I am a person who likes to make tons of photos bit then actually looks at them later. There is no bad mood that cannot be mended by going through your sea photos! So, here I am looking at my photos and suddenly deciding it would be a good idea to group my favorite places by their first letter. A totally different approach appears. I am in no way claiming my favorite places are universally the best, and there are so many more I haven’t seen yet. But I hope it will be fun! So, here we start with some interesting places on the Balkans with the letter A.
- Abritus, Bulgaria
A magnificent Roman town close to today’s town of Razgrad, which I only discovered when I accidentally saw an announcement of the festival called Ancient Abritus, running for – I think – sixth year already somewhere in June. The town itself has not been fully uncovered but what you can see is rather welcoming; there is even a modern tower that gives the notion of what it must have felt like to stand on the old and non-existing today fortress tower in the past. The visitor center is a must; there are fun games for all ages inside – Roman mosaics and 3D-puzzles of Roman arches to assemble, photos with a Roman hair-cut, etc. The festival itself also involves all ages, even the kindergartens take part in the procession before the local roman ruler. And if you think that grown men in hemp diapers would look funny, go and see the demonstration of the Pentathlon (a contest in five disciplines, s.th. like running, archery, wrestling and I don’t remember the rest).
- Asenova Fortress, Bulgaria
One of my first posts in this blog was about it as I had not visited it since my school years when we were being cargoed in smoking buses and dragged around the country without any explanations. It was now when I saw it much later that I was able to really appreciate it and like it. Its very location is magical and I have actually said everything else about it in my movie of the Bulgarian Shorts series on my YouTube channel (for now very under-developed, but with great potential) – https://www.youtube.com/watch?v=76NCUYtUPzA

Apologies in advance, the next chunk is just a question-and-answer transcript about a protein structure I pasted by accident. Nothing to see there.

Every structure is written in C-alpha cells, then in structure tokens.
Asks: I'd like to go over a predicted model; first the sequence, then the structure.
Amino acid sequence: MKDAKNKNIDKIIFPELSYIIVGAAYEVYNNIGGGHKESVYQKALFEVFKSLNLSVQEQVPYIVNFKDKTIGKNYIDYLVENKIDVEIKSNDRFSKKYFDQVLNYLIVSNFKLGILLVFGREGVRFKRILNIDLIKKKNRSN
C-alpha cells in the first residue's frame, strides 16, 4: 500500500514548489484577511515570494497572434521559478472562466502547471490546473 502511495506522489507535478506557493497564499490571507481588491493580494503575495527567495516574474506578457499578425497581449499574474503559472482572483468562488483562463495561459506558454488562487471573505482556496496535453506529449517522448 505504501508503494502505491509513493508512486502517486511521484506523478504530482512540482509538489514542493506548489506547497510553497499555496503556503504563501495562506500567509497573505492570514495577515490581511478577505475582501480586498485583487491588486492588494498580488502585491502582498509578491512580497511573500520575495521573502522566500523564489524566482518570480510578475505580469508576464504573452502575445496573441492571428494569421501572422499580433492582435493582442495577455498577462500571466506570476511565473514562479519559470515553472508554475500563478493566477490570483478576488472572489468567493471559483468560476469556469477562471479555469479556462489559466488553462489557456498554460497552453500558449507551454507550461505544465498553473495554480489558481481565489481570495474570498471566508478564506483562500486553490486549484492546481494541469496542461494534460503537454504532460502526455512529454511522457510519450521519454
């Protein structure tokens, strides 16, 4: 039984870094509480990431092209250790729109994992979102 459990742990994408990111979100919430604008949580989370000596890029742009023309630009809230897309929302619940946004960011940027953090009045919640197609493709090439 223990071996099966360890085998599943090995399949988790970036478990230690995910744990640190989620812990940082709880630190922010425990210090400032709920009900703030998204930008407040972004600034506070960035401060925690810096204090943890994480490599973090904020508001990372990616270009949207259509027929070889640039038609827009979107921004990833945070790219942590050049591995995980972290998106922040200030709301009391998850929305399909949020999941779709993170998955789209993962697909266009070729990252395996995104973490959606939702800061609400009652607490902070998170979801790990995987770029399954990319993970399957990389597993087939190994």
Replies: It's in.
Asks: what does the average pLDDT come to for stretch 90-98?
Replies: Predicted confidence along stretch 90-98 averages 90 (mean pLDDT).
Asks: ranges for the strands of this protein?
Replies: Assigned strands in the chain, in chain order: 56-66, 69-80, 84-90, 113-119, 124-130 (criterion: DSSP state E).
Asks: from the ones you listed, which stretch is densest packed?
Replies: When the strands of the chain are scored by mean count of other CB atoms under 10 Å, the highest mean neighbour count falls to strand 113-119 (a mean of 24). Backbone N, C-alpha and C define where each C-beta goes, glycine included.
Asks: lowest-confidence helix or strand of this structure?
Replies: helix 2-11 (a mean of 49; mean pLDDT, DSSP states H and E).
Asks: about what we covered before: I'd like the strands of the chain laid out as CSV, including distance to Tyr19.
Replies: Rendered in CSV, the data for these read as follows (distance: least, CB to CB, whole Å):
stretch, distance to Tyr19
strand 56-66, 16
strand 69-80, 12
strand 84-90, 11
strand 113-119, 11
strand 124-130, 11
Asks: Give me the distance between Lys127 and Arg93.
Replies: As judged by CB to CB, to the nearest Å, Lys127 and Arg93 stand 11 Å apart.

- Asprovalta, Greece
The nearest sea to my current location of Blagoevgrad, measured by watch. Despite the constant jams at Kulata Border Checkpoint in the summer but with a certain compensation offered by the Struma Highway which gets longer and longer. Asprovalta is a typical small Greek town with low-floor construction, white houses, large balcony tents and many flowers. With wonderful places to eat and so many kilometers of beach that no people from Blagoevgrad could fill in. There are many sea-side cafes with sun-beds and umbrellas where you only pay for what you order from the bar; the frappe is excellent and you get it with icy-cold water as bonus. The admirers of unorganized beach activities, on the other hand, can spend a whole day for almost no money if they bring their own umbrella, coffee in a pot and sandwiches in a bag. Both options have been tested.
- Athens, Greece
I already suggested Athens last week for a visit on February and I paid certain attention to the Acropolis. I didn’t however mention its museum which on the outside resembles the socialist-grandeur style we are familiar with but on the inside is marvelous; I didn’t mention either the sites on the hill below the Acropolis which also offer certain pleasant surprises. To me personally, the most interesting place in Athens was the Athenian Agora (the ancient city square) where I saw for the first time a restored stoa. I had read on labels in front of broken column remains that this was, for instance, the southeast stoa of this particular city; I had even been told the stoa was a two-storey building with an outer colonnade, but it is so different when you can see and touch. And it is not just the stoa which by the way contains a more than interesting museum; the Athenian Agora can easily fill a whole half day for you.
- Aggitis, Greece
This is a cave also called the Mara Cave and is located near a village in Northern Greece bearing the name of Aggitis or Angitis. Actually, it is the name of the river flowing by the village and through the cave; my photo shows the spot where the water exits the cave. In Northern Greece, they have yet another cave starting with A and even more famous than the first one – it is the Alistrati Cave, also a favourite of mine. But I decided two caves in one list are too many. It is good that both caves offer written information in other languages including Bulgarian, because guides usually speak in Greek. The caves are not something unseen before but are nonetheless beautiful and very pleasant to visit, especially if you pass by on your way to or from the sea in the hot summer.
- Astra, Romania
The last of my interesting places to visit on the Balkans with “A” is located in the outskirts of the Romanian cultural pearl of Sibiu – a town known in German as Hermannstadt and in Hungarian – as something totally un-pronounceable for me. Astra is an ethnographic open-air museum – if by ‘museum’ you mean an entire village. There are rural houses and whole farms from various districts of Romania, collections of carts and grape pressers, a stackyard, 5-6 types of grain mills, unseen doghouses and even the grandpa of bowling which I have shown on the photo. The most amazing thing is you can touch everything and enter everywhere, even the basement of the mill. The visitor center tries to use modern approaches but in my humble opinion there is more to be done there. And Astra itself needs at least a whole day if you want to give it a proper tour.
There are many more interesting places to visit on the Balkans, come back for the other letters!